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Through The Other's Eyes: Refuge - A Site-Specific Installation for Alice Springs by Welsh Artist David Hastie: Harriet Gaffney

Stepping into the arena of sculptural artist David Hastie's installation one is immediately shaded from the Central Australian sun and protected from its withering effects: offered a 'refuge' from the desert landscape in which the work found its inspiration; a respite from a habitat merciless, often uncontrollable. Yet the work, a juxtaposition of elements of this unique environment and hand-modelled 'shelters' that lead us out from the desert and back to 'civilisation', from the natural forces to the comfort of a home, seems to say much more.

The inherent ironies of this place: so exquisite; so hard; so hurt and indeed hurtful; so delicate; so enormous yet so intimate, strike the person that resides here so that a question such as "Why do you live here?" meets a shrug of the shoulders and an inclination of the head out, onwards. This is a place of lost souls and found; beings locked in memory and bodies searching in space. It is uncanny this place, with a black and a white side literal and metaphoric, psychological and physical.

When I first spoke with David Hastie about him coming out to the Central Australian desert to do an installation in the experimental artist run initiative Watch This Space, he was obsessed with the idea of the desert: flat, stretching, hot and empty. He flew into a land defined by a ridged escarpment, not red and dusty-dry but pink and green and sylvan grey; hills like creeping caterpillars across the landscape.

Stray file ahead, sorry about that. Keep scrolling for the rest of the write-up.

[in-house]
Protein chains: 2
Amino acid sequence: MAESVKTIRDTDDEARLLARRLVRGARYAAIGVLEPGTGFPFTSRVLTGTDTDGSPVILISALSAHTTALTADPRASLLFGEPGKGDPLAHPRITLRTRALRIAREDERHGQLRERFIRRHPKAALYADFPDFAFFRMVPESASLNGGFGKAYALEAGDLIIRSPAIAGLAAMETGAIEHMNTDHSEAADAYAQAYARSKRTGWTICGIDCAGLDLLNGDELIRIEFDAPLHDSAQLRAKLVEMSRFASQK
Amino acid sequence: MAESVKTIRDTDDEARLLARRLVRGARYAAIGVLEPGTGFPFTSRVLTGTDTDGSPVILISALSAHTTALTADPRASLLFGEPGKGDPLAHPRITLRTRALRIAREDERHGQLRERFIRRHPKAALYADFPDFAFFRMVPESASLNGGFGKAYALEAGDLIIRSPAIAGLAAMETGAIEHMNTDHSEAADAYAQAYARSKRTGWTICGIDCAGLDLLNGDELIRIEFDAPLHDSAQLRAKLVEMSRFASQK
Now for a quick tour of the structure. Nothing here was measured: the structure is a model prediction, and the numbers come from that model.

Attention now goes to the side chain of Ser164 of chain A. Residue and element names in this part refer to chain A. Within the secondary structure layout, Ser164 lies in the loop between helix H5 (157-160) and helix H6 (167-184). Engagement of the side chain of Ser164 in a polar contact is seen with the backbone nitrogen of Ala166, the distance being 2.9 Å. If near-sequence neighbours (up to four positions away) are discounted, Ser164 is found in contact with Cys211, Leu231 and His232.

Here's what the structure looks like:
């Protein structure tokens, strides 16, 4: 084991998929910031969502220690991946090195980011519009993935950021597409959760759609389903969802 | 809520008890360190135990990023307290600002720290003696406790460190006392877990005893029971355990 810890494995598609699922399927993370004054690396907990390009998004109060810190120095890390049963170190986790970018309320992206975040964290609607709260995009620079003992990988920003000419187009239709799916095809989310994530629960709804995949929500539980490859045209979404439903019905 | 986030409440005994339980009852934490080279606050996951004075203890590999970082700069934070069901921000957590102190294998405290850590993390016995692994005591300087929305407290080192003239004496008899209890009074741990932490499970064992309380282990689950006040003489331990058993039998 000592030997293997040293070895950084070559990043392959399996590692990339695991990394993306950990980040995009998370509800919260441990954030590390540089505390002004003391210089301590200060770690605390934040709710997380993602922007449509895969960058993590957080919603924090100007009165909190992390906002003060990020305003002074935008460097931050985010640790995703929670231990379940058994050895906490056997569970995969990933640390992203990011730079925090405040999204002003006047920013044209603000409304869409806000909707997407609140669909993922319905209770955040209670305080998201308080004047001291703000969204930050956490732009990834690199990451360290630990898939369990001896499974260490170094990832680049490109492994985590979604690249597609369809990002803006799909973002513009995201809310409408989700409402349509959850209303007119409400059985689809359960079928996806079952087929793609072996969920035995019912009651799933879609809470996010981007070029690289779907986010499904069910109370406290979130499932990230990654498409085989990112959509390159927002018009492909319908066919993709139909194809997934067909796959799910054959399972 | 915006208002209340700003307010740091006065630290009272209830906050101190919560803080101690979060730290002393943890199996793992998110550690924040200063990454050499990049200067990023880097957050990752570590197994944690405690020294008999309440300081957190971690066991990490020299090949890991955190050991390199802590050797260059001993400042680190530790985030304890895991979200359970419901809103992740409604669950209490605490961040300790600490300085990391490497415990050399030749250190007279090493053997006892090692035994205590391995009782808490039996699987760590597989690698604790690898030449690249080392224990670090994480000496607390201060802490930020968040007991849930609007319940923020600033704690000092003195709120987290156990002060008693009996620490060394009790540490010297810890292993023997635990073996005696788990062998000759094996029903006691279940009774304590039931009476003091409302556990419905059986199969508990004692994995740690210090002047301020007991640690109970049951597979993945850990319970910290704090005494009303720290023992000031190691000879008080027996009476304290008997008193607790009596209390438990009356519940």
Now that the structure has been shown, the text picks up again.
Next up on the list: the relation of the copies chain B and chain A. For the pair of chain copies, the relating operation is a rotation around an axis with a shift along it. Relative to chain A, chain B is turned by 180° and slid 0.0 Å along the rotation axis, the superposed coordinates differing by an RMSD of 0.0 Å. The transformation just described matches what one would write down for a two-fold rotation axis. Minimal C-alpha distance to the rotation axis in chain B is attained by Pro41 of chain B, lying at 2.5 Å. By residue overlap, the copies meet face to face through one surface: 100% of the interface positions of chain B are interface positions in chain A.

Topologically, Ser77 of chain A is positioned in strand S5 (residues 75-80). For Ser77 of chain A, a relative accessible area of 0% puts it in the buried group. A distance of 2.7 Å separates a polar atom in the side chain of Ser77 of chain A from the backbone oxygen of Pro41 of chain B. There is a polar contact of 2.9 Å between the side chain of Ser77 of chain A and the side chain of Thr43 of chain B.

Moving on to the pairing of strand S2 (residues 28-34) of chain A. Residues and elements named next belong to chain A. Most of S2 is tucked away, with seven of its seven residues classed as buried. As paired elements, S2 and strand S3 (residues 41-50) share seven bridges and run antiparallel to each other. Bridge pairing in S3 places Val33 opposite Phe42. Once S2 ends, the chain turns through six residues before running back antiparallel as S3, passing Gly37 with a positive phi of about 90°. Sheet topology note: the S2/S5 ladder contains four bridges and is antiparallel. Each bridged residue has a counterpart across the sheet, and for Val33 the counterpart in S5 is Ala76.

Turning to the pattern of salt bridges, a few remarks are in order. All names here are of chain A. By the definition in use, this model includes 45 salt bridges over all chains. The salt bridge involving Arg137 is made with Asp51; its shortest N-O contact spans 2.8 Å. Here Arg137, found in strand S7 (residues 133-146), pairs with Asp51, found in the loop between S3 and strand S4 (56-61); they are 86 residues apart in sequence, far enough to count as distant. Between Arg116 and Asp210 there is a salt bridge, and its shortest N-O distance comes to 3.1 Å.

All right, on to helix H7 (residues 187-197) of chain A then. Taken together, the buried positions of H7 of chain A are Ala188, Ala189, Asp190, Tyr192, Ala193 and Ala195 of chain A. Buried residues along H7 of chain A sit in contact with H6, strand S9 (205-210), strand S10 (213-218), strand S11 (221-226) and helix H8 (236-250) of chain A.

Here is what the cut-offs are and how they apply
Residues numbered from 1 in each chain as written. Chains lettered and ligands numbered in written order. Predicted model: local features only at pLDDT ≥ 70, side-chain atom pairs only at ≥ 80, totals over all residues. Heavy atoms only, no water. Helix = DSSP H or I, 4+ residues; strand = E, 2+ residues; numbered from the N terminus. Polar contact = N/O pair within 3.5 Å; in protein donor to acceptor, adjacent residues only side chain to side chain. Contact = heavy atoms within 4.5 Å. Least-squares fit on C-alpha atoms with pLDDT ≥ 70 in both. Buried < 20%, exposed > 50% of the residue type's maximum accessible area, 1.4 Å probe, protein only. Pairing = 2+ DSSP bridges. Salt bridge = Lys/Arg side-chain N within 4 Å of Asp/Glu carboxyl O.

It was Hastie's reaction to the unexpectedly fragile beauty of Central Australia that saw his work take the path it did. He had talked about a 'refuge' in his proposal, a refuge I supposed, as perhaps did he, from an environment overwhelming: too harsh to overcome; too large to completely tame. It would be a tent he would install, within it a build-up of elements of the landscape he would discover; as well as representations of the culture from which he had come; a desk with an overhanging lamp, a chair, hand-modelled lead structures referencing Hastie's own ancestral history. What happened, I believe, was an intuitive reaction to the nature of space-claiming; a replica on small of the meaning behind the structures that we build in order to feel safe: larger than that, a replica of the effects on the Indigenous people of this country of the colonisation of their land.

Hastie took the tent but instead of setting it up as as a space to step inside, find shade, he hung it up like a canvas, let the tent's fabric hang down to morph its own materiality and become something else. It became a map: depicting the fragility and impermanence of this life; the spaces left unread by the asphalted roads; the gaps undefined by any white walled gallery or museum.

Central Australia is landscape country for the artist. From the works of Rex Battarbee in the 1930's and the phenomenal tradition of Arrernte water-colours this engendered; to the acrylic revolution that began in 1971 when the Papunya community school had its besser-brick walls painted by a group of Aboriginal elders who had been forcibly settled there in the 1960's: the country has given rise to a movement of painting that has revitalised the contemporary art world, given the act of painting itself new life in a tradition gone quite stale. Hastie's canvas - red-dog-pawed across its breadth, charcoal smudged and frayed at its edges - gave voice through these residual markings to those silenced by the wider cultural context in which they now live.